Abstract Background. Weight-for-age is a commonly used indicator of the health of children and communities. We determined the accuracy of health volunteersa?? weight measurements in a nutrition project in Vietnam. Objective. To report the accuracy of the volunteersa?? weight measurements and to assess the likely effect of any inaccuracies. Methods. Save the Children /USA trained health volunteers to weigh children (6a??36 months old) every other month from December 1999 to August 2000. Trained researchers randomly rechecked 257 weights (range, 24a??114 per session). We computed nondirectional and directional differences between the weights measured by volunteers and those measured by researchers. Results. The weights recorded by volunteers were lower than those recorded by researchers by an average of 30 g (p <.05). Almost all of the error occurred during the first weighing session, at which the average weight recorded by volunteers was 280 g below that recorded by researchers (p = .01). The error at subsequent weighings was minimal (<20 g below reference at each session). Conclusions. One-time directional error suggests bias. Perhaps some communities (or families) influenced the volunteers to report weights lower than those actually observed to justify the programmatic food supplements or to give the impression at subsequent weighings that the level of malnutrition had been successfully reduced from that at the first session. Careful supervision of measurements of weight at baseline is essential.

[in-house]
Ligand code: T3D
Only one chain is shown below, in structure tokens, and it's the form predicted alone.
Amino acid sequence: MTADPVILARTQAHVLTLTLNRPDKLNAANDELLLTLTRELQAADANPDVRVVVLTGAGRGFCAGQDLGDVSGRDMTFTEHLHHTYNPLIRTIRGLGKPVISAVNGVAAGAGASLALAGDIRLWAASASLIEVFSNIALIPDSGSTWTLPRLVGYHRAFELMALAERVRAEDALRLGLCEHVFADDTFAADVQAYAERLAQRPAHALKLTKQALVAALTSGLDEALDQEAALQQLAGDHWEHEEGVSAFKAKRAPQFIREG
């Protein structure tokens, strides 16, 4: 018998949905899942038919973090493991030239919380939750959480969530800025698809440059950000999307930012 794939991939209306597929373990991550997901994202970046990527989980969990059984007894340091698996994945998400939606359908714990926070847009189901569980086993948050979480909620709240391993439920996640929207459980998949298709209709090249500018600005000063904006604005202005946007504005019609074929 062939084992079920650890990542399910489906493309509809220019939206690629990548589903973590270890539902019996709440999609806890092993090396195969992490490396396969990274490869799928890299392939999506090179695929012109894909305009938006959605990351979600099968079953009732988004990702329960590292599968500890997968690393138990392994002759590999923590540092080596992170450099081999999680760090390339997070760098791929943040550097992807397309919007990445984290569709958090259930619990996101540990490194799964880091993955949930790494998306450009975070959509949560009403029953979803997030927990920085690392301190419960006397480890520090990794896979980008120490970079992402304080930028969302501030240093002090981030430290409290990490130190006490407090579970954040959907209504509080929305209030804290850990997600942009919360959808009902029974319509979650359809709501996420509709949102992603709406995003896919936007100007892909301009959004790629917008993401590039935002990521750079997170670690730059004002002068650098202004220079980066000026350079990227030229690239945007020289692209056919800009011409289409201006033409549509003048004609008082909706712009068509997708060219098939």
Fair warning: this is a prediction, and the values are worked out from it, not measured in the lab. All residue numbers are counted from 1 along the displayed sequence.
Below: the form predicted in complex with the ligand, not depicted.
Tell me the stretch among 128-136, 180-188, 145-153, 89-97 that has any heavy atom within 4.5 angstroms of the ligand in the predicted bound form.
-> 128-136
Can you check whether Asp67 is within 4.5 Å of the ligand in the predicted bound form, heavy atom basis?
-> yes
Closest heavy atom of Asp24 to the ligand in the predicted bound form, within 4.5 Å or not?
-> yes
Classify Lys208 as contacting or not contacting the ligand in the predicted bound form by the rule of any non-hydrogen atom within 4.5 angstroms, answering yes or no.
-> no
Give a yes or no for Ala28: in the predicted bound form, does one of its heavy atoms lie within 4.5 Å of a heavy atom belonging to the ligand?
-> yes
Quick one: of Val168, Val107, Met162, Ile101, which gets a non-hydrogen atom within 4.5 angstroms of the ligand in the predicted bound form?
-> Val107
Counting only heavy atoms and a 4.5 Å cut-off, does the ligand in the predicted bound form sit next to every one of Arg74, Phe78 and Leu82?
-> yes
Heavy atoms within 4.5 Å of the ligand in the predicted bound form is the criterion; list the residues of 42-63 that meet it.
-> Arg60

|Pages (from-to)||35 - 38|
|Number of pages||4|
|Journal||Food and Nutrition Bulletin|
|Publication status||Published - 2006|